Fig. 2. Specific yield of hemicellulose with increasing extraction time and alkali

Post hemicellulose extraction, the composition of the residual biomass was analyzed to determine the content of cellulose, hemicellulose, and lignin. Following extraction for 2.5 h at 15% alkali, ~ 37% of the original hemicellulose was isolated. The corresponding composition of the residual biomass is shown in Fig. 3. The mass balance revealed that the residual biomass was cellulose enriched with proportional decreases in both hemicellulose and lignin content with increasing extraction time (Table S3).

Fig. 3. Composition of the residual biomass post extraction of hemicellulose for 2.5 h with 15% alkali

Purification of Crude Hemicellulose

The crude hemicellulose precipitate was dark in colour, indicating lignin contamination. Washing with either ethanol or an ethanol-water (1:1) mixture showed limited improvement. Washing with deionized water was shown visually to be the most effective method for lignin removal. After multiple water washes, the freeze-dried hemicellulose was almost white with a slight yellowish hue (Fig. S2).

To determine the purity of the isolated hemicellulose, TGA was performed on the final freeze-dried samples (Fig. 4). In the first stage of the thermal cycle, moisture loss was indicated by the initial mass loss (~ 5%) around 50 to 120 °C. In the second stage, thermal degradation was observed between 230 to 350 °C, as reported in the literature (Banerjee et al. 2019). In this temperature range, the isolated hemicellulose showed a major mass loss of approximately 46%, which can be attributed to depolymerization and structural degradation of the amorphous hemicellulose to the corresponding hydrocarbons (CH3COOH, CH4, CO, and CO2) (Sivasangar et al. 2013). A further mass loss of approximately 22% was observed between 600 to 800 °C, due to the continuous decomposition of the residue. The mass remaining at 800 °C was the char content of the sample. At this stage, the environment was changed from nitrogen to oxygen. With the introduction of oxygen, combustion was initiated, and an instant mass loss was observed (Fig. 4). This corresponded to the loss of residual organic matter in the char. The residual mass is the inorganic filler or ash content.

Fig. 4. TGA profile of commercial beechwood xylan and isolated eucalyptus hemicellulose pre- and post-dialysis

A critical finding in this study is that the co-precipitation of salt (inorganics) occurs during the hemicellulose neutralization. Figure 4 demonstrates that this salt was not effectively removed by water-washing, as the residual salt content in the freeze-dried hemicellulose after water-washing was only ~ 30% (Fig. 4). This is attributed to salts formed during the pH neutralization that can adhere to the hemicellulose precipitate through weak interaction with the hydroxyl groups of hemicelluloses. To remove these unwanted salts, the water-washed product was dialyzed to remove the residual salt (final conductivity was below 10 µS and stable) and then freeze-dried (Fig. 4). The residue obtained at the end of this stage corresponds to the true ash content of the samples, which was below 5% in the isolated eucalyptus hemicellulose (post-dialysis).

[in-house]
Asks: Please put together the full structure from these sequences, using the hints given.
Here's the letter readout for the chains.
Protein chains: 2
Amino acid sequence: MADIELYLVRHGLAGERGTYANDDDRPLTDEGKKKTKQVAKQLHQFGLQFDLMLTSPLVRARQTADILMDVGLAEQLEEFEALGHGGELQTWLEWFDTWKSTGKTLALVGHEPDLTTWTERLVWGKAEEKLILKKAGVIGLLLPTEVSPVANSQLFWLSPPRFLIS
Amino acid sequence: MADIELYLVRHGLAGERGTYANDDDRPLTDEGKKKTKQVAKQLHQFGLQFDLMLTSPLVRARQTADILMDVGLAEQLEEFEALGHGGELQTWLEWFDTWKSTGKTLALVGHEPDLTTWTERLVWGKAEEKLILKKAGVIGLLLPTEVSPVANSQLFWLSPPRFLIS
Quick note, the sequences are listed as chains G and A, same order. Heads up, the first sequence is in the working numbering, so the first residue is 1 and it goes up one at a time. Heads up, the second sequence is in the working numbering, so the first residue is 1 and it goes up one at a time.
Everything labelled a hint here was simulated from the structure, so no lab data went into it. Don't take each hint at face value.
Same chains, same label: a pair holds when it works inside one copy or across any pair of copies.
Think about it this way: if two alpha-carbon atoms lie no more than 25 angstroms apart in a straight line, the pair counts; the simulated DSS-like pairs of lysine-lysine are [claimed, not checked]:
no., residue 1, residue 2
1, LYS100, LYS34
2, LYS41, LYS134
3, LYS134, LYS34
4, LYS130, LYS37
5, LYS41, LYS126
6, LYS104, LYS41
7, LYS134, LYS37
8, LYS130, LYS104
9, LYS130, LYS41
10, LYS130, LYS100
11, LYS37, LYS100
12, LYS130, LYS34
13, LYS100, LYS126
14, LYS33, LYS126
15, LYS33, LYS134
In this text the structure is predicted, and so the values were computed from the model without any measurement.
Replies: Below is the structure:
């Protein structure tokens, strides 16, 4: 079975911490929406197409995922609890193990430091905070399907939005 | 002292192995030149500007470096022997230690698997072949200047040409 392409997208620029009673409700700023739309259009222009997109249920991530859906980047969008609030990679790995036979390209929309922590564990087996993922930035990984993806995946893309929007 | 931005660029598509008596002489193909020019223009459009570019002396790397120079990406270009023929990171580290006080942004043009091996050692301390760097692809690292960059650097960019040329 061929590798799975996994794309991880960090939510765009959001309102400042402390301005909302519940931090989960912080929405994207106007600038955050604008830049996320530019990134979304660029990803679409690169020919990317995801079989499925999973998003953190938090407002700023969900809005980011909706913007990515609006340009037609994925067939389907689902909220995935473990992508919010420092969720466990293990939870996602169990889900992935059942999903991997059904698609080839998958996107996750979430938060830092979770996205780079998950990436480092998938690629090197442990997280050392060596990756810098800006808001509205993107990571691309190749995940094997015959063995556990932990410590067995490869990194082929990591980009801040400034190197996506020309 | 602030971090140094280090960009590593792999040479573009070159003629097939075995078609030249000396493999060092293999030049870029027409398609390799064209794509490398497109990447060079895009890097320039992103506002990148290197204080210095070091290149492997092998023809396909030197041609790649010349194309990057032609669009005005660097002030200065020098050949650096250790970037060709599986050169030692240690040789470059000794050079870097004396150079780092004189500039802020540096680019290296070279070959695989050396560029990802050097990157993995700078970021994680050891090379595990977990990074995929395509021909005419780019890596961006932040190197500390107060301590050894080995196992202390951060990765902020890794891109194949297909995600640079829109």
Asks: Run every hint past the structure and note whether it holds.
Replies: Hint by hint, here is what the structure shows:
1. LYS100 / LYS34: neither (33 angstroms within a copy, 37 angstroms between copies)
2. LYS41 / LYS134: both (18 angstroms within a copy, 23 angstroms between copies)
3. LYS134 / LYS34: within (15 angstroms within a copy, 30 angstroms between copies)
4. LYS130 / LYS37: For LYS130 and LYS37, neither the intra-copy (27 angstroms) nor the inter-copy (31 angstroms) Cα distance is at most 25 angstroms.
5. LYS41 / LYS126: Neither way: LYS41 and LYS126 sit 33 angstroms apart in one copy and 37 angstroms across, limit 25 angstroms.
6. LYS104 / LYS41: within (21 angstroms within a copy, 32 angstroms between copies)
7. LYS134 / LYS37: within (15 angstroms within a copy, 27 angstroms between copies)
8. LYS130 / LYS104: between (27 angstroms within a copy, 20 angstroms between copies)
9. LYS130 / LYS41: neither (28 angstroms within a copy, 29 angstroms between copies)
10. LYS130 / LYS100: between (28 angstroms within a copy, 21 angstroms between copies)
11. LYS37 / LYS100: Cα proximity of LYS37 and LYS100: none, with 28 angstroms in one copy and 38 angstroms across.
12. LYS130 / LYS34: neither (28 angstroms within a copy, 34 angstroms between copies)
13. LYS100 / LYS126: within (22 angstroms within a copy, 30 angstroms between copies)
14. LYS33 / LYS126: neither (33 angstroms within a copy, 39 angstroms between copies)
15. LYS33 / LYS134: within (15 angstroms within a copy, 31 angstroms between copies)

Additionally, in this study commercial beechwood xylan was used as a comparator, because xylan is the major form of hemicellulose known in hardwoods (Sharma et al. 2020). The observed difference between the thermal behavior of the commercial beechwood xylan (black line) and the post-dialysis isolated eucalyptus hemicellulose (red line) could be a result of their inherent structural differences. Hemicellulose is a heterogeneous polymer, the composition of which is known to vary as a function of source. Hence, the physical and the chemical properties of hemicelluloses from two different sources may not be exactly similar.

For large-scale application of hemicellulose, salt removal can be an additional step. The impact of residual salt in the isolated xylan has been investigated in the context of films and packaging. It was found that presence of salt allowed superior film formation (Bahcegul et al. 2014). Thus, depending on the targeted end application, salt removal can be optional.

Composition of the Isolated Eucalyptus Hemicellulose

The compositional analysis determined by HPLC indicated that the isolated hemicellulose was predominantly a glucoroxylan (xylose with 4-O-methylglucopyranosyl uronic acid as substituents), a typical xylan found in hardwoods such as Eucalyptus grandis (Shatalov et al. 1999; Togashi et al. 2009). A lower acetic acid concentration indicated that deacetylation occurred during the alkali-mediated hydrothermal extraction, wherein the acetyl groups inherently present in the hemicellulose backbone are lost during the process. The xylose to glucuronic acid ratio in the isolated hemicellulose was approximately 11:1, which is within the range known for hardwood xylans (Togashi et al. 2009). The acid-insoluble lignin (including ash) was below 5%, showing the high-purity of the isolated hemicellulose (> 95%). Other sugars, such as galactose, previously reported in eucalyptus xylans (Shatalov et al. 1999) were not detected.

Table 2. Composition of the Isolated Eucalyptus Hemicellulose

*: Ash included

Further Characterization of the Isolated Eucalyptus Hemicellulose

The physiochemical characterization of the isolated eucalyptus hemicellulose was achieved by FTIR, solid state NMR (13C), SEC, surface morphology (Fig. S3), and elemental analysis (Table S2).